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A NASA climate satellite will survey oceans and atmosphere of a warming Earth

A SpaceX Falcon 9 rocket takes off from the launch pad
John Raoux
/
AP
A SpaceX Falcon 9 rocket on NASA's Plankton, Aerosol Cloud Ocean Ecosystem (PACE) mission lifts off from Space Launch Complex 40 at the Cape Canaveral Air Force Station in Cape Canaveral, Fla., Thursday, Feb. 8, 2024. NASA’s newest climate satellite rocketed into orbit to survey the world’s oceans and atmosphere in never-before-seen detail.

The Falcon rocket headed south over the Atlantic from Cape Canaveral to achieve a rare polar orbit. It will spend at least three years studying the oceans from 420 miles up, as well as the atmosphere.

NASA’s newest climate satellite rocketed into orbit Thursday to survey the world’s oceans and atmosphere in never-before-seen detail.

SpaceX launched the Pace satellite on its $948 million mission before dawn, with the Falcon rocket heading south over the Atlantic to achieve a rare polar orbit.

The satellite will spend at least three years studying the oceans from 420 miles (676 kilometers) up, as well as the atmosphere. It will scan the globe daily with two of the science instruments. A third instrument will take monthly measurements.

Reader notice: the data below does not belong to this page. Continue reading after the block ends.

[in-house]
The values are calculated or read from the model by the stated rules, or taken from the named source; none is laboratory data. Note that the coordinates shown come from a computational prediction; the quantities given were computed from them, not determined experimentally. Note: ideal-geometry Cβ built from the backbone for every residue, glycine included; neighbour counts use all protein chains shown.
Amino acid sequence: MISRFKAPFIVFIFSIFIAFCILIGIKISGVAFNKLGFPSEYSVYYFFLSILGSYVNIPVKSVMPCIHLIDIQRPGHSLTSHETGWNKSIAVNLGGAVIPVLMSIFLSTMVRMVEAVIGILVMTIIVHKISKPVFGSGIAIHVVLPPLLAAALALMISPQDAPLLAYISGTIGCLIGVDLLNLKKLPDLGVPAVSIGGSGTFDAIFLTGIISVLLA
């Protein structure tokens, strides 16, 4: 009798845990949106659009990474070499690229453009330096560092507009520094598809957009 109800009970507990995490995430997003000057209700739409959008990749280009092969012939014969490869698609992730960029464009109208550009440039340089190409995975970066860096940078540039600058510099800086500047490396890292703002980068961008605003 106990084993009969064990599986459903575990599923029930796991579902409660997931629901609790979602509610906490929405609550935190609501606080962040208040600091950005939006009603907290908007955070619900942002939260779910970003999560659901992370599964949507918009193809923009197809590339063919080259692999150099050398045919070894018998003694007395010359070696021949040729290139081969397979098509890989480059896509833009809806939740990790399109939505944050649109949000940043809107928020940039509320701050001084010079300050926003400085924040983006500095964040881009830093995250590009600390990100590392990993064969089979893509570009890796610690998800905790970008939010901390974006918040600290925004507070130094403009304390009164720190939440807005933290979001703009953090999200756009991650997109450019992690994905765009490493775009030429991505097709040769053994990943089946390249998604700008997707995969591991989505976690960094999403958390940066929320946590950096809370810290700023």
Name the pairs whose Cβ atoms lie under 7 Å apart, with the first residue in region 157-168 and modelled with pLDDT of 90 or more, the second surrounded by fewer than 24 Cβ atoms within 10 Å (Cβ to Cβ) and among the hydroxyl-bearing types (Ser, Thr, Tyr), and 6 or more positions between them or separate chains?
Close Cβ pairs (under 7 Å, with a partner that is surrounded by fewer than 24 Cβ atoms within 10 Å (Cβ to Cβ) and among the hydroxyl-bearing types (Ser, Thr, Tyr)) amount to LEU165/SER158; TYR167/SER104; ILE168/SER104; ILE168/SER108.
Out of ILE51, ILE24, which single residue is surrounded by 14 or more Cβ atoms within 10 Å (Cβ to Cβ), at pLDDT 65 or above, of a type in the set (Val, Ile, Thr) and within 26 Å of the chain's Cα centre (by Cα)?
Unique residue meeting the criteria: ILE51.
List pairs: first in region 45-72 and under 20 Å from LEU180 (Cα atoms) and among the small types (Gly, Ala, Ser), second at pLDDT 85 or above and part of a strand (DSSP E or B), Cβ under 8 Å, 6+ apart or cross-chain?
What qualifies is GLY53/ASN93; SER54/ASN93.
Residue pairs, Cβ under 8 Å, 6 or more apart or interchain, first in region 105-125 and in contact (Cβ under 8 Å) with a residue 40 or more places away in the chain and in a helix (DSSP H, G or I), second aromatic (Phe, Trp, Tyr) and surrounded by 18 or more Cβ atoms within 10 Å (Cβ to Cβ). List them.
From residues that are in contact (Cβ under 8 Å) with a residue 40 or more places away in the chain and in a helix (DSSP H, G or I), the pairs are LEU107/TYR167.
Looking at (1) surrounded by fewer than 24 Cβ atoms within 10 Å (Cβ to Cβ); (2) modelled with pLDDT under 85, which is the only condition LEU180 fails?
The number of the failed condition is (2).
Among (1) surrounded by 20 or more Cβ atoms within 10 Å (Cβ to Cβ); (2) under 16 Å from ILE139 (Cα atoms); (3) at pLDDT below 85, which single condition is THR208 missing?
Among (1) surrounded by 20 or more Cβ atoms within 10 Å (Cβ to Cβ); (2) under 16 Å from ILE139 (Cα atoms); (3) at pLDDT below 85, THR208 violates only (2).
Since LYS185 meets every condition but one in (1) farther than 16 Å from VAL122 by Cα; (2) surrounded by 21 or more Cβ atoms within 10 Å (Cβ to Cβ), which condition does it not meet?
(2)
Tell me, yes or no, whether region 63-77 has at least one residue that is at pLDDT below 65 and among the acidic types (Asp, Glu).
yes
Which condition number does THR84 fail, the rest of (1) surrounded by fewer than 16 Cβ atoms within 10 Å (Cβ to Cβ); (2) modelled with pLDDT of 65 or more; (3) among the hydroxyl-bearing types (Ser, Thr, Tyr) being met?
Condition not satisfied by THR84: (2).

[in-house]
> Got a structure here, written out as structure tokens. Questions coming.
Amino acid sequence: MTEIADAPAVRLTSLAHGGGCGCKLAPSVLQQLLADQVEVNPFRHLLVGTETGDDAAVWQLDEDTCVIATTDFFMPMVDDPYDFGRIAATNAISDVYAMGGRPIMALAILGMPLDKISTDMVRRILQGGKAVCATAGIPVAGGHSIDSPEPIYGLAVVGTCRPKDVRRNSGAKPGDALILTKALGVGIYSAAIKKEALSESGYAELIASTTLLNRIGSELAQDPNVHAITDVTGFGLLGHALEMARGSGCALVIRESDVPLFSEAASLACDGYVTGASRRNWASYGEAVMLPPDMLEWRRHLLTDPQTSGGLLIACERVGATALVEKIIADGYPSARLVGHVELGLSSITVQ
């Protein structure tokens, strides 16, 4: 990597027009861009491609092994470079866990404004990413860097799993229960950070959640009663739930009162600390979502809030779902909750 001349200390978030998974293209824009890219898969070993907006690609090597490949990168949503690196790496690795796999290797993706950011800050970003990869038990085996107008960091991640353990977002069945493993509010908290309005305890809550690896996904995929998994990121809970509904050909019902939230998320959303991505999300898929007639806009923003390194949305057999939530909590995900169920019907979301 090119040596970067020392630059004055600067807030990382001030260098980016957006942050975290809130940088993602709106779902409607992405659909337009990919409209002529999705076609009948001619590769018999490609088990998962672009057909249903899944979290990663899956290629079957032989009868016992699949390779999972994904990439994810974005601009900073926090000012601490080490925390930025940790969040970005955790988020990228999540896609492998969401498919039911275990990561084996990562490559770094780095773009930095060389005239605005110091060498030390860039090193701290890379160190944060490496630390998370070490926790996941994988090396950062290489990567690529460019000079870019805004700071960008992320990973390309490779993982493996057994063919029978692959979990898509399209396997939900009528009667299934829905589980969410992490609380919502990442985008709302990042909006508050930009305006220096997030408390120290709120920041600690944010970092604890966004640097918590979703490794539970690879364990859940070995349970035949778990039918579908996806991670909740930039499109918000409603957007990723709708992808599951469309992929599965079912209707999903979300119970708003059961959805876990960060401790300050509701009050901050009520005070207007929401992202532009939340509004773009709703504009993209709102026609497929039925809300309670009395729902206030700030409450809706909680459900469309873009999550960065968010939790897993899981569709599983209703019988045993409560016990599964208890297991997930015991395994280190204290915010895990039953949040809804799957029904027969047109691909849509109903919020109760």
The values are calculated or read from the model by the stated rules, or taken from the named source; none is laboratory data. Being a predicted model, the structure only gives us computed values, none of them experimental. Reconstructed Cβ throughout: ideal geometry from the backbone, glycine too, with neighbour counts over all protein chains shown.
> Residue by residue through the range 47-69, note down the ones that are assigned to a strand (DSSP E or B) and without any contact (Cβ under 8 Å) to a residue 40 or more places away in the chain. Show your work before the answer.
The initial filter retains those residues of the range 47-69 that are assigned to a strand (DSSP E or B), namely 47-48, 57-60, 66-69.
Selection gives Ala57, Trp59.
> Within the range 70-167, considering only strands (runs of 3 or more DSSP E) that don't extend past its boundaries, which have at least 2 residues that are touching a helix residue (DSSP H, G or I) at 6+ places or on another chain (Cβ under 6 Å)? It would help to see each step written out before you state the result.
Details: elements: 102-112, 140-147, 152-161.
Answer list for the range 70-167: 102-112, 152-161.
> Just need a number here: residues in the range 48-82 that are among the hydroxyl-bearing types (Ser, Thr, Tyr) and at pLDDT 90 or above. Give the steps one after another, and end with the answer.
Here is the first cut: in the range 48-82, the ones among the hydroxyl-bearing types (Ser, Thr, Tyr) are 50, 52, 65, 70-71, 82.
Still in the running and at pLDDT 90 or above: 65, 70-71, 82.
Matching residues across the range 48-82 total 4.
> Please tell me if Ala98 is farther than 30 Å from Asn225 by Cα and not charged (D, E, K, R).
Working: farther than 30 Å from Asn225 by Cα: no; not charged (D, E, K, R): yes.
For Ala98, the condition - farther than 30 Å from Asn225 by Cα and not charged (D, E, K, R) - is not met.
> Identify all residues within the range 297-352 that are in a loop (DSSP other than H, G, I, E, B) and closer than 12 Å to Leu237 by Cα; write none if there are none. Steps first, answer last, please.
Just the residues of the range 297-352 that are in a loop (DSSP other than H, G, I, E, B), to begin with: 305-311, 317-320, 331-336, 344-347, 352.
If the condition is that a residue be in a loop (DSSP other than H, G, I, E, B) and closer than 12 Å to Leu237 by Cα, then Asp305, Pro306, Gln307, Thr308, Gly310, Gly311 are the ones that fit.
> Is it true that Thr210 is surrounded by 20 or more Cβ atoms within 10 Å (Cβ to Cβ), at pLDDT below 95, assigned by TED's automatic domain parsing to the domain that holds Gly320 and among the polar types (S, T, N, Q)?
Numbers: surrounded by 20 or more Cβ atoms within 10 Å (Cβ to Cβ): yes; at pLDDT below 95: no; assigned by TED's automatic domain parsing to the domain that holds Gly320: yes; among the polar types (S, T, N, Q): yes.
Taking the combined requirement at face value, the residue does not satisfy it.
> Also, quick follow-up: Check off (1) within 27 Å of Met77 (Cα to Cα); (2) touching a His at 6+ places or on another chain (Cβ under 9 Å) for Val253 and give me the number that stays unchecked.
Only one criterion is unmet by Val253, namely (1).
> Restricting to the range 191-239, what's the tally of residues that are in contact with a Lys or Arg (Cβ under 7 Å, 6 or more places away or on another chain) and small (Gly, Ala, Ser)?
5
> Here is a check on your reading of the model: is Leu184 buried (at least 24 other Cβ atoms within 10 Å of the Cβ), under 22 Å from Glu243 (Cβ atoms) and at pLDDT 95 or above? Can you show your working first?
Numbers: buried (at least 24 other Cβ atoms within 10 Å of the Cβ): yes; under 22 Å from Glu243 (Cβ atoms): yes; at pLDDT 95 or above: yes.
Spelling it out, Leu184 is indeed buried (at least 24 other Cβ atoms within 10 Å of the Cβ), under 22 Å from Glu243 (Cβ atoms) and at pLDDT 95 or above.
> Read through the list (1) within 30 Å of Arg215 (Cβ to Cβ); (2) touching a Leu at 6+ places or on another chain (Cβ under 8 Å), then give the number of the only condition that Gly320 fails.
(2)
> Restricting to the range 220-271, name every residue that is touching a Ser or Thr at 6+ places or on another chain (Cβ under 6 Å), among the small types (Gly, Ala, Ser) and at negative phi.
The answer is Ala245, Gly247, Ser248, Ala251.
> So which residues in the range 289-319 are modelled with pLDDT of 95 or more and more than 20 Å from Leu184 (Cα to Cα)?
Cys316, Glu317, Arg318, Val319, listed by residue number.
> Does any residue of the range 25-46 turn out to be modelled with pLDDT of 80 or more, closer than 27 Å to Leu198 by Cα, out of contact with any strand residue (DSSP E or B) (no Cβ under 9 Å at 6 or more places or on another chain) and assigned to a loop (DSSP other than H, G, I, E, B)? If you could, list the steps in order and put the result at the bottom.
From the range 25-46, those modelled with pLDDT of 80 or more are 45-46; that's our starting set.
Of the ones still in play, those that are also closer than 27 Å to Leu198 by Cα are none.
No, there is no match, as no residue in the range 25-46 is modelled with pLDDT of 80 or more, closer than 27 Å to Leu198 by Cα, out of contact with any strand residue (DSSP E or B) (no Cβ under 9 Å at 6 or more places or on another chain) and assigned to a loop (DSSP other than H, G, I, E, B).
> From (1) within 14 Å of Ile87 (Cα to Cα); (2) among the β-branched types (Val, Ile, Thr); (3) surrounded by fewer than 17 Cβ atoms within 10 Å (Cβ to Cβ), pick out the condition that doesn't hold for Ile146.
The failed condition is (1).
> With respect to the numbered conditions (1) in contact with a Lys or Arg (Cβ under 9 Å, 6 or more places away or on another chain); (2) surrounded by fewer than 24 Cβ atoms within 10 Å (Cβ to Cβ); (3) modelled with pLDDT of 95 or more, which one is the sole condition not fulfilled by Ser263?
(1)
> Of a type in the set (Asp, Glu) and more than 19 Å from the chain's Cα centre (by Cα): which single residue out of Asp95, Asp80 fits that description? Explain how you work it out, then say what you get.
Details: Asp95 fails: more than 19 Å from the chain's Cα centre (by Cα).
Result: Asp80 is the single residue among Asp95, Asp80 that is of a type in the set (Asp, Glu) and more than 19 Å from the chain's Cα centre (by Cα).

“It’s going to be an unprecedented view of our home planet," said project scientist Jeremy Werdell.

The observations will help scientists improve hurricane and other severe weather forecasts, detail Earth's changes as temperatures rise and better predict when harmful algae blooms will happen.

NASA already has more than two dozen Earth-observing satellites and instruments in orbit. But Pace should give better insights into how atmospheric aerosols like pollutants and volcanic ash and sea life like algae and plankton interact with each other.

“Pace will give us another dimension” to what other satellites observe, said NASA’s director of Earth science, Karen St. Germain.

Pace — short for Plankton, Aerosol, Cloud, Ocean Ecosystem — is the most advanced mission ever launched to study ocean biology.

Current Earth-observing satellites can see in seven or eight colors, according to Werdell. Pace will see in 200 colors that will allow scientists to identify the types of algae in the sea and types of particles in the air.

Scientists expect to start getting data in a month or two.

NASA is collaborating with India on another advanced Earth-observing satellite due to launch this year. Named Nisar, it will use radar to measure the effect of rising temperatures on glaciers and other melting icy surfaces.

NASA’s Pace project persevered despite efforts by the Trump administration to cancel it.

“It has been a long, strange trip as they say,” Werdell said before the launch.

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